That could make any new Desert Fox operation politically risky, unless the Bush team first convinces the public that massive military force can be deployed for goals that stop short of ending the whole Iraq crisis.
Several in the Bush administration, including Secretary of State Colin Powell, have called for setting just such precise and clearly achievable objectives when using U.S. forces abroad. Patrick Clawson says:
"Mr. Powell's philosophy, and I think that is strongly supported by Mr. Cheney and some of the other people in the administration, is to use force only when force is used decisively to accomplish a purpose. Now, Mr Powell's preference in his military career was therefore to define limited goals such as the destruction of a factory and to bring to bear overwhelming force to accomplish those goals."
"It will be interesting to see how that plays with the criticism we have heard from many in the Republican Party and many in the Congress about defining such limited goals and there may be pressure therefore to define broader goals. The difficulty is that when you define those kind of broader goals the sort of force you need to accomplish them is pretty overwhelming."
Analysts say that apart from the risk of creating political pressure to go further militarily against Saddam, operations like Desert Fox also risk creating a backlash abroad. After the December 1998 air strikes, many in the Arab world criticized the bombings as increasing the suffering of ordinary Iraqis.
Judith Yaphe, a policy expert at the National Defense University in Washington, says such criticism makes it essential that any new campaign be proceeded by clear evidence that facilities are being used to produce chemical and biological weapons. But such evidence can be difficult to obtain in the absence of ground inspections.
"If we could identify new facilities that were engaged in chemical weapons, bacteriological, missile development, those go right to the top of the target list. But how do you prove that? The technical means we have now can only show you a facility, what they think it is doing."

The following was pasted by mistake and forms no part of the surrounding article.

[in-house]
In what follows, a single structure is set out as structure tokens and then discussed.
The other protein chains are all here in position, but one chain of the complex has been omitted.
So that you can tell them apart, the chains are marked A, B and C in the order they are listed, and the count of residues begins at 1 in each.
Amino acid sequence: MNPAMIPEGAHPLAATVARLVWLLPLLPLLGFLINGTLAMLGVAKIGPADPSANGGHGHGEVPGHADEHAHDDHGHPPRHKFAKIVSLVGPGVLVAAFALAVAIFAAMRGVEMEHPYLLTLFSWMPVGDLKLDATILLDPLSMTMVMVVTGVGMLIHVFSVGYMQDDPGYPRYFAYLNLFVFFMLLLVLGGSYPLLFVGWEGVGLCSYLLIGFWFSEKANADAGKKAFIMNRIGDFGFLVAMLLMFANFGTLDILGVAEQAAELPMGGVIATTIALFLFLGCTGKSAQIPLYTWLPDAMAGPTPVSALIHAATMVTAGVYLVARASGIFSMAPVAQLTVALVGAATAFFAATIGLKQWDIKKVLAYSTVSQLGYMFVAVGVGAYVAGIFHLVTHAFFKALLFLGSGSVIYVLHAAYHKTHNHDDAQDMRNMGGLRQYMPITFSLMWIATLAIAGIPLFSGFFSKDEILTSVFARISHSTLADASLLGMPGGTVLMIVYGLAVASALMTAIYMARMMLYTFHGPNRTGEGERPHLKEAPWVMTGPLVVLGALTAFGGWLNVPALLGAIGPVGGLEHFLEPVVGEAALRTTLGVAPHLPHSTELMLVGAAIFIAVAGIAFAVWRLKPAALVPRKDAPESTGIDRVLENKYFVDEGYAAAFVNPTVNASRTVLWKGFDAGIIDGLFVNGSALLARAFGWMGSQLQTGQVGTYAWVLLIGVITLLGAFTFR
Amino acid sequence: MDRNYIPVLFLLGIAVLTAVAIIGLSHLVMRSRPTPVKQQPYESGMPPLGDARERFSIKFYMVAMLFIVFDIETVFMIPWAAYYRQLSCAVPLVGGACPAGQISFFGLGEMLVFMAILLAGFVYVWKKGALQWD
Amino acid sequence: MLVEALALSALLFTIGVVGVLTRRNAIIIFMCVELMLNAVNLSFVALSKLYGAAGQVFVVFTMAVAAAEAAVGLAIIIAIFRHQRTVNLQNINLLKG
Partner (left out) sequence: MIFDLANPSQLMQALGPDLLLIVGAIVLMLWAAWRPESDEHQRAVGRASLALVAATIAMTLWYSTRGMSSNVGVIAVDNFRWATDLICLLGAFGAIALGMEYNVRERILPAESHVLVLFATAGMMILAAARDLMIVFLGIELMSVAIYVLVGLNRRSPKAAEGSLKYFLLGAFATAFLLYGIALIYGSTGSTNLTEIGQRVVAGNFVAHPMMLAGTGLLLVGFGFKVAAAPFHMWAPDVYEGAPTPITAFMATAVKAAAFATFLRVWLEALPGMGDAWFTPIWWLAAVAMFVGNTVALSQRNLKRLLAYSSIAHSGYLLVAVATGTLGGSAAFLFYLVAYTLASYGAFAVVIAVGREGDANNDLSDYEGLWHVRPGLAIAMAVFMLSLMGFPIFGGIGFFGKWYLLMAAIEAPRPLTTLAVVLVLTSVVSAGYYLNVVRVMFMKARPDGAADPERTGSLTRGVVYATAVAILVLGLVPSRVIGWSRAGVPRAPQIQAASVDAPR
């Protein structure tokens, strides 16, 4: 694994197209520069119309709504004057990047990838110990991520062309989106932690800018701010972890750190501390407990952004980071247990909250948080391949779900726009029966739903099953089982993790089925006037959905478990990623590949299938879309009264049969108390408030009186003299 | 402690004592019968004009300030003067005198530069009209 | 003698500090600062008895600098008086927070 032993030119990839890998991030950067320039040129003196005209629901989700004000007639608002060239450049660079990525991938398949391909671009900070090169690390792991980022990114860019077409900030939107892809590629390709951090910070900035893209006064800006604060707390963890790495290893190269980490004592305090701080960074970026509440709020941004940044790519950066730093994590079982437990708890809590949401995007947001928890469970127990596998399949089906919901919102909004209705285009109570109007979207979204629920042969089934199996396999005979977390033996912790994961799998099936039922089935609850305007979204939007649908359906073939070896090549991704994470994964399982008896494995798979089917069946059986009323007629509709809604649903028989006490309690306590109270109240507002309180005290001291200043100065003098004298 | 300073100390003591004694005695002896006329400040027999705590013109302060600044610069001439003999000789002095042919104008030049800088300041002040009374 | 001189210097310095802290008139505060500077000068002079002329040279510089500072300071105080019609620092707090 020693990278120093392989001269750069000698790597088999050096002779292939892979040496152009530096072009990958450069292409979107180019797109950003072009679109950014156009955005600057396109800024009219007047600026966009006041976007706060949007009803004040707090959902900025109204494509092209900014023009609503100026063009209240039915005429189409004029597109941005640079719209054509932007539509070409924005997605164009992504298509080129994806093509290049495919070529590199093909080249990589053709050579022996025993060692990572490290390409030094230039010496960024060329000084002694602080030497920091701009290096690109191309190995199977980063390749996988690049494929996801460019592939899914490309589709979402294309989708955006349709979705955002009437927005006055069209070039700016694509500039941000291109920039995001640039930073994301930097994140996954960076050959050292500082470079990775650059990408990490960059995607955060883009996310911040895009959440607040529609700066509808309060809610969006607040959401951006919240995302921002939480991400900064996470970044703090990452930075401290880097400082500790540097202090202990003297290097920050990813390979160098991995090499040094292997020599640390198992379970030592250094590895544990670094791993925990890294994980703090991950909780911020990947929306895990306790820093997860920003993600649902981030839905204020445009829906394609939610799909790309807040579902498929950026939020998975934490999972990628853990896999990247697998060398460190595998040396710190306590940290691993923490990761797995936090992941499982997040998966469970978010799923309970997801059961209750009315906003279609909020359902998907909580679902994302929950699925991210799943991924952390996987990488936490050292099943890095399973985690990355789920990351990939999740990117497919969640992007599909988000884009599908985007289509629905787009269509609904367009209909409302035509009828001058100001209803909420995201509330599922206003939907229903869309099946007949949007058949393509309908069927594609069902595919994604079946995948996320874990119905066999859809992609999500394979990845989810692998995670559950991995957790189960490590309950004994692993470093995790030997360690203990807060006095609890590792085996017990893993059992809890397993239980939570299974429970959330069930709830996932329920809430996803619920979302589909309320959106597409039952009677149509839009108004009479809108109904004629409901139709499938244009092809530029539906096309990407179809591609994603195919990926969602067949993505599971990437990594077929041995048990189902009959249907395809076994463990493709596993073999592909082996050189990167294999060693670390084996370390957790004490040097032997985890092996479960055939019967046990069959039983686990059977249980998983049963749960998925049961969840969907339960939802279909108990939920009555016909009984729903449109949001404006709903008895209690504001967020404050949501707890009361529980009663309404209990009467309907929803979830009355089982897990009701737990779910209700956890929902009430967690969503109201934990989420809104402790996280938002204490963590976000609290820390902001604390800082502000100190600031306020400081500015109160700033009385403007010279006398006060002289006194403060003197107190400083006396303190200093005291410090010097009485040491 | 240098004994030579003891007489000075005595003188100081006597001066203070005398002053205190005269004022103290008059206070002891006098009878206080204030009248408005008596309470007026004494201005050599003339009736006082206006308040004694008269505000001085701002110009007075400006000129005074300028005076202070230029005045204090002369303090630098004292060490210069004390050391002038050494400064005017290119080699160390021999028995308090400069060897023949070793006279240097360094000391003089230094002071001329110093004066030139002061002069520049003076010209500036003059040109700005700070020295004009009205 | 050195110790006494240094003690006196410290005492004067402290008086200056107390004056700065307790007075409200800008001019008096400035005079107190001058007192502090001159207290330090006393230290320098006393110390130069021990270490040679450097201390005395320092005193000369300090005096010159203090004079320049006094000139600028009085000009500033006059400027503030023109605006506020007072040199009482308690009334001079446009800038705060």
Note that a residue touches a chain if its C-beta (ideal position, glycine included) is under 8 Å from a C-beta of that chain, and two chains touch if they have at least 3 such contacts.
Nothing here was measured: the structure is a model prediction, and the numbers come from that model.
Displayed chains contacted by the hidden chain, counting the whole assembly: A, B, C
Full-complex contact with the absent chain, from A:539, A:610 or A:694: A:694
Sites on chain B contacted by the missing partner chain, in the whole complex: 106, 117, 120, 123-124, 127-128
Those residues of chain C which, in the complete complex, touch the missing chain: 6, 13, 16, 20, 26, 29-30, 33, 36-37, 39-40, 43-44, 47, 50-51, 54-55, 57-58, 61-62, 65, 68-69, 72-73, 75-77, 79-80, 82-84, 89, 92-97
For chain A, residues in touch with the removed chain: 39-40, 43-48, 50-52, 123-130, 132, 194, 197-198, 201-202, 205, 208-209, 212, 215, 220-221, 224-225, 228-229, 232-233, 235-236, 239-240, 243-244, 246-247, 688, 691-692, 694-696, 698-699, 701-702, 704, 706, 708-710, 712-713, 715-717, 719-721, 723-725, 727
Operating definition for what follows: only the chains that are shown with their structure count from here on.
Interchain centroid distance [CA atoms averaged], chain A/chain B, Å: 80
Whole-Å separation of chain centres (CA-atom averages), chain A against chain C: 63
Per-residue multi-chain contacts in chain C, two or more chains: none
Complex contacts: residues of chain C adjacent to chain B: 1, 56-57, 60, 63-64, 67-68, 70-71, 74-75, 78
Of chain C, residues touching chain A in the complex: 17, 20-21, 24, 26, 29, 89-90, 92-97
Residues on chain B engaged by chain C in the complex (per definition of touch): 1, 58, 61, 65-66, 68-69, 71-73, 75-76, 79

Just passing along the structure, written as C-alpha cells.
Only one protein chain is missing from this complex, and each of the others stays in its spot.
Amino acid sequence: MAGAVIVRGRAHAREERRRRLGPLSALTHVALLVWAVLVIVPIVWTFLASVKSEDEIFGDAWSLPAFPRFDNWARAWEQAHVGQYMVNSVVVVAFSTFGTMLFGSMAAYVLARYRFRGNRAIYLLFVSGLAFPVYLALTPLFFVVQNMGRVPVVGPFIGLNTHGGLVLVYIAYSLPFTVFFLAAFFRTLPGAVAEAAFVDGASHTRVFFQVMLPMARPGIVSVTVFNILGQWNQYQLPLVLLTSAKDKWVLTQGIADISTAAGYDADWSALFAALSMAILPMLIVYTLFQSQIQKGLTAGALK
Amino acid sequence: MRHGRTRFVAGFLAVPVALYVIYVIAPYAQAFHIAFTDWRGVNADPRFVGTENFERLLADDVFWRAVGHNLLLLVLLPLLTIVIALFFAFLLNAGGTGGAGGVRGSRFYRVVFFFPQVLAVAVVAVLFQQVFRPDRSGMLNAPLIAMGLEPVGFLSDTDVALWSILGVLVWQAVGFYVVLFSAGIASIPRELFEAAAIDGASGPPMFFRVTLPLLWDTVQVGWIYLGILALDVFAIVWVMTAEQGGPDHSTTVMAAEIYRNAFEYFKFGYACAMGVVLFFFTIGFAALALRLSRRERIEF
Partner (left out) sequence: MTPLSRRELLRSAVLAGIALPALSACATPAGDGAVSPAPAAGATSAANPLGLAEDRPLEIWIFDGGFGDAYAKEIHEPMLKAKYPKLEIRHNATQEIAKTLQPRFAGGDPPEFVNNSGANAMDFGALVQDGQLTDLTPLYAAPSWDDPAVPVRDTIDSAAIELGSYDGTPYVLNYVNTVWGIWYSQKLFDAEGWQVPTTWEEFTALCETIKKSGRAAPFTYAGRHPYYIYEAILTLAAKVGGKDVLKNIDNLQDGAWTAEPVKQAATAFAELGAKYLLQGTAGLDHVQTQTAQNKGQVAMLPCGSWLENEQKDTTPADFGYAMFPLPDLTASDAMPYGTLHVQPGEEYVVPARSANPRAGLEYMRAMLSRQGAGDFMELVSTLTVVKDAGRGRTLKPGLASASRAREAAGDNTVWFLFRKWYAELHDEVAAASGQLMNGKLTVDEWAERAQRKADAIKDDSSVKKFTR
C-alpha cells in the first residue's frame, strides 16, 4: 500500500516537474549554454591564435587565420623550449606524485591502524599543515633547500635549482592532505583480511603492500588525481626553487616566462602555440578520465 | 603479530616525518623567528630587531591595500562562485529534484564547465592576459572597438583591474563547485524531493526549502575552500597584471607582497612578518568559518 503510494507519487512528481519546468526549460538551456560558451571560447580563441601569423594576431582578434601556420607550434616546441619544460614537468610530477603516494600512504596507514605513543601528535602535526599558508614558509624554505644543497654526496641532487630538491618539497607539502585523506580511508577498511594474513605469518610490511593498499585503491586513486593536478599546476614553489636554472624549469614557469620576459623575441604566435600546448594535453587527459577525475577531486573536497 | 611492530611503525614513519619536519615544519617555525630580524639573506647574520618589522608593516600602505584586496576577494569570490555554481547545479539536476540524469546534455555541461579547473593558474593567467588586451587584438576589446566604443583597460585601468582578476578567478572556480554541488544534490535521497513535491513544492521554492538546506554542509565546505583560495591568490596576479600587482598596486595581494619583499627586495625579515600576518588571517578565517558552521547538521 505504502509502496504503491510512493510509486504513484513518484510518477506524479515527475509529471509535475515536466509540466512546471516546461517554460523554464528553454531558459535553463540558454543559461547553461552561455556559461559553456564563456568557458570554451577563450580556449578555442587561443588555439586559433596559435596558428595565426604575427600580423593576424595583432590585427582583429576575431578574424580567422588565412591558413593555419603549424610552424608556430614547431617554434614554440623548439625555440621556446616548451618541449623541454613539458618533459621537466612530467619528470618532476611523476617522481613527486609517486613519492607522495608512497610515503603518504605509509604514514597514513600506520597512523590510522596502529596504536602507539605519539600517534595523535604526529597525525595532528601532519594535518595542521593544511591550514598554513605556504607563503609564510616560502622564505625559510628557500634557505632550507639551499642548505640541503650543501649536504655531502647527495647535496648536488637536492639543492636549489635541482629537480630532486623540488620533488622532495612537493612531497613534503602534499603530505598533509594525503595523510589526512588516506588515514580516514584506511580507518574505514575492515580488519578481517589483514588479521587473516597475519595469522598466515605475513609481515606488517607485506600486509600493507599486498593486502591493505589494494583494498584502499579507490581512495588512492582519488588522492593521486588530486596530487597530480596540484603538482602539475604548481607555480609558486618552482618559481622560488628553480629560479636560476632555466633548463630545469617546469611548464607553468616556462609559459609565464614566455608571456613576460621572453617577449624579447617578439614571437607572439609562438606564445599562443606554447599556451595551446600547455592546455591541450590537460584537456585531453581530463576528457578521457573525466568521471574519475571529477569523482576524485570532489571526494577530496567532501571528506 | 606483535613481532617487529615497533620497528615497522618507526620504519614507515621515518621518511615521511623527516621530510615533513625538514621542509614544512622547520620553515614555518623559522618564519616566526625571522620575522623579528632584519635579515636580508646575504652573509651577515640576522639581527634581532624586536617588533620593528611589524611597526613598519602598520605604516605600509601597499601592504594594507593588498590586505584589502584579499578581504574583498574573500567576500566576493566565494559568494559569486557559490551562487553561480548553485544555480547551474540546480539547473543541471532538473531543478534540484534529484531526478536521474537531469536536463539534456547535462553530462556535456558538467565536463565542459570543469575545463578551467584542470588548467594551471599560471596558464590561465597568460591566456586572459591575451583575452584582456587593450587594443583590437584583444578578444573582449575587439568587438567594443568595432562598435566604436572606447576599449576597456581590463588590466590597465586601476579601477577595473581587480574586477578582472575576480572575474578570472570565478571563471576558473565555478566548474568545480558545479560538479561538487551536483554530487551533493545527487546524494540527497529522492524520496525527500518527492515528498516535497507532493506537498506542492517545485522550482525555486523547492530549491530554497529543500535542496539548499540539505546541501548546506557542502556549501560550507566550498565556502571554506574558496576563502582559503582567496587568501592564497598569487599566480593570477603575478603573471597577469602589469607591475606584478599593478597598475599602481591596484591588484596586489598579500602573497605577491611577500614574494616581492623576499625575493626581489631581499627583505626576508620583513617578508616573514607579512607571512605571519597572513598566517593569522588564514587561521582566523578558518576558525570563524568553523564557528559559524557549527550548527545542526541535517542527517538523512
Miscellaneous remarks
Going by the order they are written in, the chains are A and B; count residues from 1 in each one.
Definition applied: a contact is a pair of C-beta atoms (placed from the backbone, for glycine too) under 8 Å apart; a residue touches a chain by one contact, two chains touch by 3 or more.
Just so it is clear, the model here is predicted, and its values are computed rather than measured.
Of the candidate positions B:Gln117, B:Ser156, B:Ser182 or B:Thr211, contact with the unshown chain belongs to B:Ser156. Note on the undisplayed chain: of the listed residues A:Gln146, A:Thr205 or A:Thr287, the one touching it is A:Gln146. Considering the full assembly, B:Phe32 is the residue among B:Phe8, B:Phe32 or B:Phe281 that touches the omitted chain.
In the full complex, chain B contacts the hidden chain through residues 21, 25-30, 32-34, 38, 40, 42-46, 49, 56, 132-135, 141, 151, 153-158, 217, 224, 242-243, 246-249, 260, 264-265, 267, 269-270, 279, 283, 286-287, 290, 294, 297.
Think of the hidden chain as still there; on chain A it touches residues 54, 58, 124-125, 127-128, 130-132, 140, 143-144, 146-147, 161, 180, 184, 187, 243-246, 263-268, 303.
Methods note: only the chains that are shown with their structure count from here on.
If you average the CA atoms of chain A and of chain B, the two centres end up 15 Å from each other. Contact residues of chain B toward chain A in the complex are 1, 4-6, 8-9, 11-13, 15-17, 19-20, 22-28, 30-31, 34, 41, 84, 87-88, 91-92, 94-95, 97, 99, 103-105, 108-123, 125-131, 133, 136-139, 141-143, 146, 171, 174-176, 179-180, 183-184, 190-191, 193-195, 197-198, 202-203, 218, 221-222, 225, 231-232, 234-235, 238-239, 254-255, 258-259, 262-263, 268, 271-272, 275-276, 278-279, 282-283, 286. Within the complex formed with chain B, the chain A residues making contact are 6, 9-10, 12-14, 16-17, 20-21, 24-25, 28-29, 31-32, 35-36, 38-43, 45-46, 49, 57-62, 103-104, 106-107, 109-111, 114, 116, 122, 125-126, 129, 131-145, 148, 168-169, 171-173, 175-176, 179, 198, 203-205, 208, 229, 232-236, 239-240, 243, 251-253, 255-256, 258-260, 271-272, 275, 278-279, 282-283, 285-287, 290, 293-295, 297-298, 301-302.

Yaphe says any difficulties with proof raise the danger that Baghdad can persuade observers that innocent facilities are being targeted -- an argument already used in connection with one facility that Iraq claims manufactured baby formula.
"So we could get stuck in a repetition of the baby milk factory, where they did use a facility for the production of chemicals but switched it over to baby milk. It's attacked and, of course, it looks like we have hit an innocent facility."
In spite of the political risks attached to bombing suspected weapons facilities, analysts say the Bush administration will continue to keep the option of air strikes open as it seeks to re-energize sanctions and get arms inspectors back into Iraq.
Yaphe says the Bush team campaigned for the presidency with an Iraqi policy which stressed drawing what it called "red lines" that Saddam must not cross. The reddest line concerns building weapons of mass destruction, which Bush promised in his inaugural speech to "confront so that a new century is spared new horrors."
That means if Baghdad does rebuild weapons facilities, those facilities could be hit again by air strikes. But before that happens Washington can be expected to mount a careful campaign to convince both Americans and the world that the danger is immediate and must be removed by massive air strikes -- even if those air strikes leave Saddam in power.